Researchers have found a novel way to print perovskite solar cells easily and at a cost similar to bringing out a newspaper!
A team, led by Hairen Tan from University of Toronto Engineering found that the solar cells manufactured with perovskite mineral could lead to low-cost, printable solar panels capable of turning nearly any surface into a power generator.
“Economies of scale have greatly reduced the cost of silicon manufacturing,” Ted Sargent, an expert in emerging solar technologies, said in a university statement.
“Potentially, perovskites and silicon cells can be married to improve efficiency further, but only with advances in low-temperature processes,” added Sargent, who is also the Canada Research Chair in Nanotechnology.
Perovskite solar cells depend on a layer of tiny crystals — each about 1,000 times smaller than the width of a human hair — made of low-cost, light-sensitive materials.
Because the perovskite raw materials can be mixed into a liquid to form a kind of ‘solar ink’, they could be printed onto glass, plastic or other materials using a simple inkjet printing process.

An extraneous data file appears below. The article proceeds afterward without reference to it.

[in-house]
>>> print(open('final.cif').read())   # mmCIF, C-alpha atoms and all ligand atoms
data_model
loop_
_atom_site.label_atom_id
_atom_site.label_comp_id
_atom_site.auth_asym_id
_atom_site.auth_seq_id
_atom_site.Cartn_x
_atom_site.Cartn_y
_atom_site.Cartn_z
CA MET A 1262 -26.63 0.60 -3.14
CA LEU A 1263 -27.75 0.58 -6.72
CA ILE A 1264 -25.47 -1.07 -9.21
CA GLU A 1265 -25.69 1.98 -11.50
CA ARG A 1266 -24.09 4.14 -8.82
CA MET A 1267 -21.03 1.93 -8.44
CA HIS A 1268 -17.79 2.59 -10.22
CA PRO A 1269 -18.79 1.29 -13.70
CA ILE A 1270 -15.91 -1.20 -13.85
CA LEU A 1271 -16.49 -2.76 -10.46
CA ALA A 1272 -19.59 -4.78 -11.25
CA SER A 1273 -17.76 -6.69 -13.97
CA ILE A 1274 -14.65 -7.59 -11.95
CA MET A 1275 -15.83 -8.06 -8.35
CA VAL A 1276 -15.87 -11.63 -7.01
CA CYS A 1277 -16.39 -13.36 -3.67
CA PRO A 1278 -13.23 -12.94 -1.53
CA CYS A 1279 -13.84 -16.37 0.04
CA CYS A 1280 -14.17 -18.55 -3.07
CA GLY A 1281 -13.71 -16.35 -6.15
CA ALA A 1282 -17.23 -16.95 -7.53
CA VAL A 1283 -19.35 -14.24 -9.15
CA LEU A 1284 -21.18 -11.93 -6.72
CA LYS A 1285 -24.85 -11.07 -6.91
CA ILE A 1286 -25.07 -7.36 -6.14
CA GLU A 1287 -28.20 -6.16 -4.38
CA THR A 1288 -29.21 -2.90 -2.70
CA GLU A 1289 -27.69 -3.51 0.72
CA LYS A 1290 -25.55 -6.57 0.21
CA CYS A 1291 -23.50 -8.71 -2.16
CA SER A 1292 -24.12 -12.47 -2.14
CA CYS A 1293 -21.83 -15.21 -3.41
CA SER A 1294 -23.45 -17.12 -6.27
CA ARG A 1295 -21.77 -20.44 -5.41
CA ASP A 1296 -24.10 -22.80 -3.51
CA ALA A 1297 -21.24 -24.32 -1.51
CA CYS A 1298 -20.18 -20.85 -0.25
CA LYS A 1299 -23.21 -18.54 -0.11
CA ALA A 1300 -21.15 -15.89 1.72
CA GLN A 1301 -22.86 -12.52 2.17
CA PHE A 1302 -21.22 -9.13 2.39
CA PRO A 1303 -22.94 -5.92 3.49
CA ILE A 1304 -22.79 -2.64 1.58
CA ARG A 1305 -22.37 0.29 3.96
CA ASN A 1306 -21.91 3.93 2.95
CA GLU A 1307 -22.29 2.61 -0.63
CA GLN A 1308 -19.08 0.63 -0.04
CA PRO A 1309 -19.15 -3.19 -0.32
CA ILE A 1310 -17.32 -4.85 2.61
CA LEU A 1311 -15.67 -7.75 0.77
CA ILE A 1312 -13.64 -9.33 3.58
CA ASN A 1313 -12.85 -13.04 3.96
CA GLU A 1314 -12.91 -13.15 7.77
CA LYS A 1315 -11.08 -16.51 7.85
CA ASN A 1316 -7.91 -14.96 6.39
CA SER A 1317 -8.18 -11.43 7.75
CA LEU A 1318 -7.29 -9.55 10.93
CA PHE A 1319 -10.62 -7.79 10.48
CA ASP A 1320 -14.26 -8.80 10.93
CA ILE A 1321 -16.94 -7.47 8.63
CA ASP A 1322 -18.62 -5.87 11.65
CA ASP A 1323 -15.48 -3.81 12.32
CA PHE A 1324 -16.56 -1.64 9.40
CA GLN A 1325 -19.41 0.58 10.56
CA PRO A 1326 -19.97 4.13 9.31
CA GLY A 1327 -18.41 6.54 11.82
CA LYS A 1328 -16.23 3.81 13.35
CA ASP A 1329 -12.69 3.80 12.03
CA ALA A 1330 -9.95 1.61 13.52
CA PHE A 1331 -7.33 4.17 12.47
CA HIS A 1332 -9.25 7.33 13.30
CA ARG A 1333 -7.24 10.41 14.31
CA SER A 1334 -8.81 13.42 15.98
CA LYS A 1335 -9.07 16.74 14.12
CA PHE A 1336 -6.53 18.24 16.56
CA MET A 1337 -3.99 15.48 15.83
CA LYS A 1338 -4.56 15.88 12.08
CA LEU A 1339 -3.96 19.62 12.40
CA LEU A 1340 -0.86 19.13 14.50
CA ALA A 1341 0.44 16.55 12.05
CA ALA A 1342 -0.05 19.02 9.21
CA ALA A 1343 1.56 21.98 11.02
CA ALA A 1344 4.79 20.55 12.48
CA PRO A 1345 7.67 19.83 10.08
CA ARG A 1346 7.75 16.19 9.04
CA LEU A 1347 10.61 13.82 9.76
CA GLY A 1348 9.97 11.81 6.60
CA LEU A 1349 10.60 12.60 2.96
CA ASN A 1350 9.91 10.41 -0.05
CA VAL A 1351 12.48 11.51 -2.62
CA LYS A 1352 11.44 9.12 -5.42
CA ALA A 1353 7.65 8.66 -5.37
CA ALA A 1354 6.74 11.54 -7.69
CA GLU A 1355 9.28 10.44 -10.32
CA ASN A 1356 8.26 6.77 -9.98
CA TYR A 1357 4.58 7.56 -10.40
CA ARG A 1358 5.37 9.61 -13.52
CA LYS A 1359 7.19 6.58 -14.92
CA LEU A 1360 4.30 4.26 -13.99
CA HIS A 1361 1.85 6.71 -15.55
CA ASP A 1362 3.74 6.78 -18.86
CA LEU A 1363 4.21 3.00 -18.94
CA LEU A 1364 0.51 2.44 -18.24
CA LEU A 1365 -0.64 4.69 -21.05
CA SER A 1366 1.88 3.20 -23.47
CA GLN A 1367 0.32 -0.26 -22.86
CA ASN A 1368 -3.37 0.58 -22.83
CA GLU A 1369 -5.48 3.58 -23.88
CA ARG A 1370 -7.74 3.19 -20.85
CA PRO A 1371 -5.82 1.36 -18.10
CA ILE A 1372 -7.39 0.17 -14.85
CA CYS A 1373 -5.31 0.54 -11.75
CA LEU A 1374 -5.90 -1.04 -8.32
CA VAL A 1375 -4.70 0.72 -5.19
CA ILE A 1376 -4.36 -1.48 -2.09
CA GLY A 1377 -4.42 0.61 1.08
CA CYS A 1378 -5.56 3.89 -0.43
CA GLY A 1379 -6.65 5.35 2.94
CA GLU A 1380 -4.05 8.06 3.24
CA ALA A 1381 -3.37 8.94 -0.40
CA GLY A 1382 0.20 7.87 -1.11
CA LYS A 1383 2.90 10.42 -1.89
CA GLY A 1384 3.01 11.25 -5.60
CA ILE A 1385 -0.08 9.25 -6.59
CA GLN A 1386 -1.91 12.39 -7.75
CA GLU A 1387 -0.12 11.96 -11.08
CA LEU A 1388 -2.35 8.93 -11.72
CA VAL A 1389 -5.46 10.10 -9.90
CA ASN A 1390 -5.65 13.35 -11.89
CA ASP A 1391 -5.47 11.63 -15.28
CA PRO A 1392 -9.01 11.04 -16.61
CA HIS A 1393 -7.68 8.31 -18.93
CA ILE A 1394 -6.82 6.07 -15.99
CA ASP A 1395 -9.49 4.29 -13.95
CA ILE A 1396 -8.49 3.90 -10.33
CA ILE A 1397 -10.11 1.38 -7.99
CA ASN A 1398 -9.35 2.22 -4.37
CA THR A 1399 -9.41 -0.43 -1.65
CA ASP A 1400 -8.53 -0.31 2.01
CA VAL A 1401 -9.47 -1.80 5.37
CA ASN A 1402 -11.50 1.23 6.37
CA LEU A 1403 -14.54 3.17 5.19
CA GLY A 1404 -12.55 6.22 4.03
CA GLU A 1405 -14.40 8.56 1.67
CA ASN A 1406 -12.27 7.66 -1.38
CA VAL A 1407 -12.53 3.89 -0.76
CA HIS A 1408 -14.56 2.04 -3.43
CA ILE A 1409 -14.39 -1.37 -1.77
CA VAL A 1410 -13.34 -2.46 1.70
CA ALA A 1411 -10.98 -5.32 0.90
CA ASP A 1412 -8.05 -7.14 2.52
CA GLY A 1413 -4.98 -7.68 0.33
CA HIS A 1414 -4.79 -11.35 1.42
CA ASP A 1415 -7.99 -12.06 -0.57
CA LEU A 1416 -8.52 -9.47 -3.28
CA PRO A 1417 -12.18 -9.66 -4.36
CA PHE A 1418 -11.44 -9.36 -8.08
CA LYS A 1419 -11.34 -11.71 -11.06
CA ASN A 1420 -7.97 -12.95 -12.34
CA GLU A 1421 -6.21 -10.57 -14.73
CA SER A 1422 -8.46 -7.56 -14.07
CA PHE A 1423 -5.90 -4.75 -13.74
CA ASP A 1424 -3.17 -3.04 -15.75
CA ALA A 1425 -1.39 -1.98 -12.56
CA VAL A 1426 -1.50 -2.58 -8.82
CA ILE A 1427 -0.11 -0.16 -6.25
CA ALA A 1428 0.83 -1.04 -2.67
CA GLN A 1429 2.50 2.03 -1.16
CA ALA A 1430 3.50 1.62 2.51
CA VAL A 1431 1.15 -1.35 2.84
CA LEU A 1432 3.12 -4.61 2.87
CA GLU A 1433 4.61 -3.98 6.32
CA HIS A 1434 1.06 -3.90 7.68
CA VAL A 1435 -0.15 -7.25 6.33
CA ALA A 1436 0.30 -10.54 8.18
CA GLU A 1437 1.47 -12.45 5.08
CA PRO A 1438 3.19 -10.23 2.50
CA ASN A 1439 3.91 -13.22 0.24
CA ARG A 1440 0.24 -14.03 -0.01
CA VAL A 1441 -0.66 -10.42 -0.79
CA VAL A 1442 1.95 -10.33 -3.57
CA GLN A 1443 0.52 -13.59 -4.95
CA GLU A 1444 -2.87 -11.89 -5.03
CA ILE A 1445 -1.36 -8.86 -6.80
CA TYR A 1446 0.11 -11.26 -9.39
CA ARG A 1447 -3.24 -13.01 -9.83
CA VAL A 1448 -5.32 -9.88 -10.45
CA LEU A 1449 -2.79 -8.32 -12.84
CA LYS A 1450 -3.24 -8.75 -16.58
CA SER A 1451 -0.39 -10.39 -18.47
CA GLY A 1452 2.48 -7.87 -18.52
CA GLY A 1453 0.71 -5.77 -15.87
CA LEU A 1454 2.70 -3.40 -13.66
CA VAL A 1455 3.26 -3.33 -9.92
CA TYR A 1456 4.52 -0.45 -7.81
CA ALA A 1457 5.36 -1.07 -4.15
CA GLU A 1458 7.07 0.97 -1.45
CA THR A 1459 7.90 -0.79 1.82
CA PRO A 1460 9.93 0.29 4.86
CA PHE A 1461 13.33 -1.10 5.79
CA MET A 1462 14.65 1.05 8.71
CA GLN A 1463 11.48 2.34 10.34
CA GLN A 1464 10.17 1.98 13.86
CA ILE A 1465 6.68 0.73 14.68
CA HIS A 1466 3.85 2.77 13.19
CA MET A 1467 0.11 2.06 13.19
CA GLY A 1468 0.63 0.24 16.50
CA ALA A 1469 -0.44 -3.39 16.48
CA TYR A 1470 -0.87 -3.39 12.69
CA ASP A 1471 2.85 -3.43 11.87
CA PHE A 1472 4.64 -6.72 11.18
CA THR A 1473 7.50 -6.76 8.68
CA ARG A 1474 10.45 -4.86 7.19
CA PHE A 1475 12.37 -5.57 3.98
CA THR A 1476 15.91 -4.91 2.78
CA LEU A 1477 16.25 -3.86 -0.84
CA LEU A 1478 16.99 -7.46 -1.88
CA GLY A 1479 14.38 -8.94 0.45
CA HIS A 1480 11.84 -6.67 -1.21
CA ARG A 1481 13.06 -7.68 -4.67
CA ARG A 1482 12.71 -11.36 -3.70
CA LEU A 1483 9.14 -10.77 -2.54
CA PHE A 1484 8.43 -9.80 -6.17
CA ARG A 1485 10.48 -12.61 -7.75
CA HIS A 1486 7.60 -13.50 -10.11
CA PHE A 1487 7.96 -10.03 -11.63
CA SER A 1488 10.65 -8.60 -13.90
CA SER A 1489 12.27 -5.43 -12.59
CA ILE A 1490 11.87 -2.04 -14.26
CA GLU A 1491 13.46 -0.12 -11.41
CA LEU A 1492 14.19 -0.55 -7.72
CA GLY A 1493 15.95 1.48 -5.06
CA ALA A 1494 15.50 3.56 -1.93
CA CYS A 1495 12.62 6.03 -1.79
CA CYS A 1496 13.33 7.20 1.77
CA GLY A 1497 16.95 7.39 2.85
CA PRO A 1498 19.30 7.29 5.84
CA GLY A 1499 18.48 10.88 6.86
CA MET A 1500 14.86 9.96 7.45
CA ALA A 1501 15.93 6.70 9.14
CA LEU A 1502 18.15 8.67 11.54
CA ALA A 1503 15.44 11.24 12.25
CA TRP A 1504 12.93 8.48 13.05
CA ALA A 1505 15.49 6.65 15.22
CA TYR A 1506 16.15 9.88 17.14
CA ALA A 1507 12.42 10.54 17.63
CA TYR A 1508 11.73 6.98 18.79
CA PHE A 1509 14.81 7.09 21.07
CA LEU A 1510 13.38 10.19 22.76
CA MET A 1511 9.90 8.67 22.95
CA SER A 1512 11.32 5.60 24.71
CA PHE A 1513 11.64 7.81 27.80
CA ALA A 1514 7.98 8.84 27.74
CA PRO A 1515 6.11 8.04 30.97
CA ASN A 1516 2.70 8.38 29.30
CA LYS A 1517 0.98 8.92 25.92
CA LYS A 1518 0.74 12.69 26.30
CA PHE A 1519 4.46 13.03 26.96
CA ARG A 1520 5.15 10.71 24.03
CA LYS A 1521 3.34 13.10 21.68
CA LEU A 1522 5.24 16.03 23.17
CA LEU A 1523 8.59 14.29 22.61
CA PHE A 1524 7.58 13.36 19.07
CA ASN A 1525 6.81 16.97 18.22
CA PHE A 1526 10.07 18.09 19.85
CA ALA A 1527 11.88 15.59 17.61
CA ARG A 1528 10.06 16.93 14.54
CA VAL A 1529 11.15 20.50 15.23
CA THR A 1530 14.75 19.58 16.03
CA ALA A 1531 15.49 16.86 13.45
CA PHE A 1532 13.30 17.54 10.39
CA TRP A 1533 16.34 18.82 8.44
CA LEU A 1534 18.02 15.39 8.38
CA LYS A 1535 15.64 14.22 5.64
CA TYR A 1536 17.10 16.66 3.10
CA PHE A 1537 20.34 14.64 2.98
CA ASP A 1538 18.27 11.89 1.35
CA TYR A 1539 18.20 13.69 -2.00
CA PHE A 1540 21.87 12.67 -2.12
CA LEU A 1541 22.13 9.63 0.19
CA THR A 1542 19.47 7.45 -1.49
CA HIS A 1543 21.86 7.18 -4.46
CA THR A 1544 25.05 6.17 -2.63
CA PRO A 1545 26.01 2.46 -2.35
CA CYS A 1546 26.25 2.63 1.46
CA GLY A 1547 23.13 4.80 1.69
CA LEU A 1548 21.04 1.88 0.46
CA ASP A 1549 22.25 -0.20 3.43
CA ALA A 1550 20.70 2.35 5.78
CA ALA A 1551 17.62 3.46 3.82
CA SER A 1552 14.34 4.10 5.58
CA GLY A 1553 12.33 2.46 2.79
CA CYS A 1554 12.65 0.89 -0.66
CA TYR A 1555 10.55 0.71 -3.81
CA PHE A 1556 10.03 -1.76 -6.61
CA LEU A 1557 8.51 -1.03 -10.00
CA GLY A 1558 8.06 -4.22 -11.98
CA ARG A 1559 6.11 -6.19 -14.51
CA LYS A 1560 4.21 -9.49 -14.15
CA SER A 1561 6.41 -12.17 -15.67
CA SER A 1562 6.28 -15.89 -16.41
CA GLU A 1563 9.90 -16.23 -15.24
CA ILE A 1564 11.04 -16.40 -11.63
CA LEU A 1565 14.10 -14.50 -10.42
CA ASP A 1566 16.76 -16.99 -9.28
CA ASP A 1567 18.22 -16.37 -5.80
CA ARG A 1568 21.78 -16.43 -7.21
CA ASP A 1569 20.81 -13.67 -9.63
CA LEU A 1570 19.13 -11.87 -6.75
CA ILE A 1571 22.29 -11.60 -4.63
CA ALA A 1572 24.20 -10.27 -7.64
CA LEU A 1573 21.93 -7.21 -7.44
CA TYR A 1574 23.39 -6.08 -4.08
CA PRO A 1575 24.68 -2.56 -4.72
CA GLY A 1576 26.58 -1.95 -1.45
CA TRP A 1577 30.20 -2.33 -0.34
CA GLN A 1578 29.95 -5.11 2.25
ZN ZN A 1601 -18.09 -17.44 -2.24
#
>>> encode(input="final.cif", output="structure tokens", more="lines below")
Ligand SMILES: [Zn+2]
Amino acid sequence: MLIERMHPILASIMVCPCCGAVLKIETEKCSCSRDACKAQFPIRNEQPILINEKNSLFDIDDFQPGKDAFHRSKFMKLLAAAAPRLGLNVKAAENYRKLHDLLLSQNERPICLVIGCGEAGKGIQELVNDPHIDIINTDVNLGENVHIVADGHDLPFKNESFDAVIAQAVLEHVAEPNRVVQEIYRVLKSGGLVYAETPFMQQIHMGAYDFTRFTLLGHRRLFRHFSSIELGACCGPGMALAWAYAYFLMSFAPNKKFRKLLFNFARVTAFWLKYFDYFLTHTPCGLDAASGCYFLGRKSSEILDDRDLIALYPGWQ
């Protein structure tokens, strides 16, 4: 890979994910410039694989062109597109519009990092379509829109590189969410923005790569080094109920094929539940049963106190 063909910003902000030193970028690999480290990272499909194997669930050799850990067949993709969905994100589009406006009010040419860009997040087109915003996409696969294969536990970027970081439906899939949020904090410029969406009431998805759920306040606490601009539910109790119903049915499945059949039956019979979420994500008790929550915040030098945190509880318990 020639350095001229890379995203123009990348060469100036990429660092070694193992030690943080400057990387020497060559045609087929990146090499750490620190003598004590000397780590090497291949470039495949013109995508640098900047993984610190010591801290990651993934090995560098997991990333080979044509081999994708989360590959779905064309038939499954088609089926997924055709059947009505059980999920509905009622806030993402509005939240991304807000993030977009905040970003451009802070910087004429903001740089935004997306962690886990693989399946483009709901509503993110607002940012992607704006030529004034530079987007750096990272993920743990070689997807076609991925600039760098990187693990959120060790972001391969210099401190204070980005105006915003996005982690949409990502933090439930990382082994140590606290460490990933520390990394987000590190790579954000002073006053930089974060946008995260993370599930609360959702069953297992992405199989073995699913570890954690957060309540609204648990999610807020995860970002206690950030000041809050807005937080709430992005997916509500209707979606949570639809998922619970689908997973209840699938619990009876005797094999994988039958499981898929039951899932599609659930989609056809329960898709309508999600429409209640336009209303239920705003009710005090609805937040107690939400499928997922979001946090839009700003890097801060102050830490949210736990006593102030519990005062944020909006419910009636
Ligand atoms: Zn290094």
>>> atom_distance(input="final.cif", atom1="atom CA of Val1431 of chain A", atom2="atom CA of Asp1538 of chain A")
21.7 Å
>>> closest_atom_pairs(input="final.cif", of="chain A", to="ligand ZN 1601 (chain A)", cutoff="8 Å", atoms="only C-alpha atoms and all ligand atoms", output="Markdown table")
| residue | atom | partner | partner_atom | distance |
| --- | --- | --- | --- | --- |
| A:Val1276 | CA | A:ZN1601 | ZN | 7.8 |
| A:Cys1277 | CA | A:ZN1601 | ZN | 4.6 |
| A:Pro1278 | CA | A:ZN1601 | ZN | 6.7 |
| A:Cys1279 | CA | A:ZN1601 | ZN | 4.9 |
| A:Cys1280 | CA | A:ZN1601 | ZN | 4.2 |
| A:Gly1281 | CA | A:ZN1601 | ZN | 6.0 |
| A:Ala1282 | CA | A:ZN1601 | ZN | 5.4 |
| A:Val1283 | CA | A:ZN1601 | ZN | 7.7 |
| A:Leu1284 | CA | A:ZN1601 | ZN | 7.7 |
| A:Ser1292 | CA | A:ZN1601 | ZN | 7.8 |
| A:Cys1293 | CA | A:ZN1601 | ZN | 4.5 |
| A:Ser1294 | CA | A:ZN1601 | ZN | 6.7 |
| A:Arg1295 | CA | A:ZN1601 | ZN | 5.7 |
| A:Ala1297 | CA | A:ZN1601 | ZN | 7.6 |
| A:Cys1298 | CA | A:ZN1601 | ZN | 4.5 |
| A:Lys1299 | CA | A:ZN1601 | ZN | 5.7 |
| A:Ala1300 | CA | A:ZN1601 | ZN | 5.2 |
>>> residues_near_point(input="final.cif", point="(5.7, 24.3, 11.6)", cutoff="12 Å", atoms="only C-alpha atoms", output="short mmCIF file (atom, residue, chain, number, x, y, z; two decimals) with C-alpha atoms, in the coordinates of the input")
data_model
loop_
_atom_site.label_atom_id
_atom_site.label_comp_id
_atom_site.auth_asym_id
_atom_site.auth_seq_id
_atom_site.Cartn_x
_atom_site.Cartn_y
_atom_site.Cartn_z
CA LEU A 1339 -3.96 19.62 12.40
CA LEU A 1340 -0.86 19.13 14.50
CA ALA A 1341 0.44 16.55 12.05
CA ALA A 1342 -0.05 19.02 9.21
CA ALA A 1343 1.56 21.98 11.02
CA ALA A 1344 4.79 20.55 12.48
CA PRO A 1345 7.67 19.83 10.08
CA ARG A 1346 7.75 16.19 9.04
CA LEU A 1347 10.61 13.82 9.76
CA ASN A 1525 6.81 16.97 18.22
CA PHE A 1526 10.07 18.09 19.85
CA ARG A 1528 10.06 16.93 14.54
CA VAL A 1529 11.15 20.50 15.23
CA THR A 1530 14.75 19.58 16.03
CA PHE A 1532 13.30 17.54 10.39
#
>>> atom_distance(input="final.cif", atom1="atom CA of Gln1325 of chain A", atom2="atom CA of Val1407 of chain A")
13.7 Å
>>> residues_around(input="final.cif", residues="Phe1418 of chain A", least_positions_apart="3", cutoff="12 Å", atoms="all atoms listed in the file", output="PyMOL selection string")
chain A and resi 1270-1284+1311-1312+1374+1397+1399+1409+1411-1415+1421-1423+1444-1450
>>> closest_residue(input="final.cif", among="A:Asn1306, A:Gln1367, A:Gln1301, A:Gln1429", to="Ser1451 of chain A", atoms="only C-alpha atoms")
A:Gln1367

“The most effective materials for making electron selective layers (ESLs) start as a powder and have to be baked at high temperatures, above 500 degrees Celsius,” said Tan.
Tan noted that perovskite solar cells using the older, high-temperature method are only marginally better at 22.1 per cent and even the best silicon solar cells can only reach 26.3 per cent.
Tan’s perovskite solar cells were also stable and retained more than 90 per cent of their efficiency even after 500 hours of use.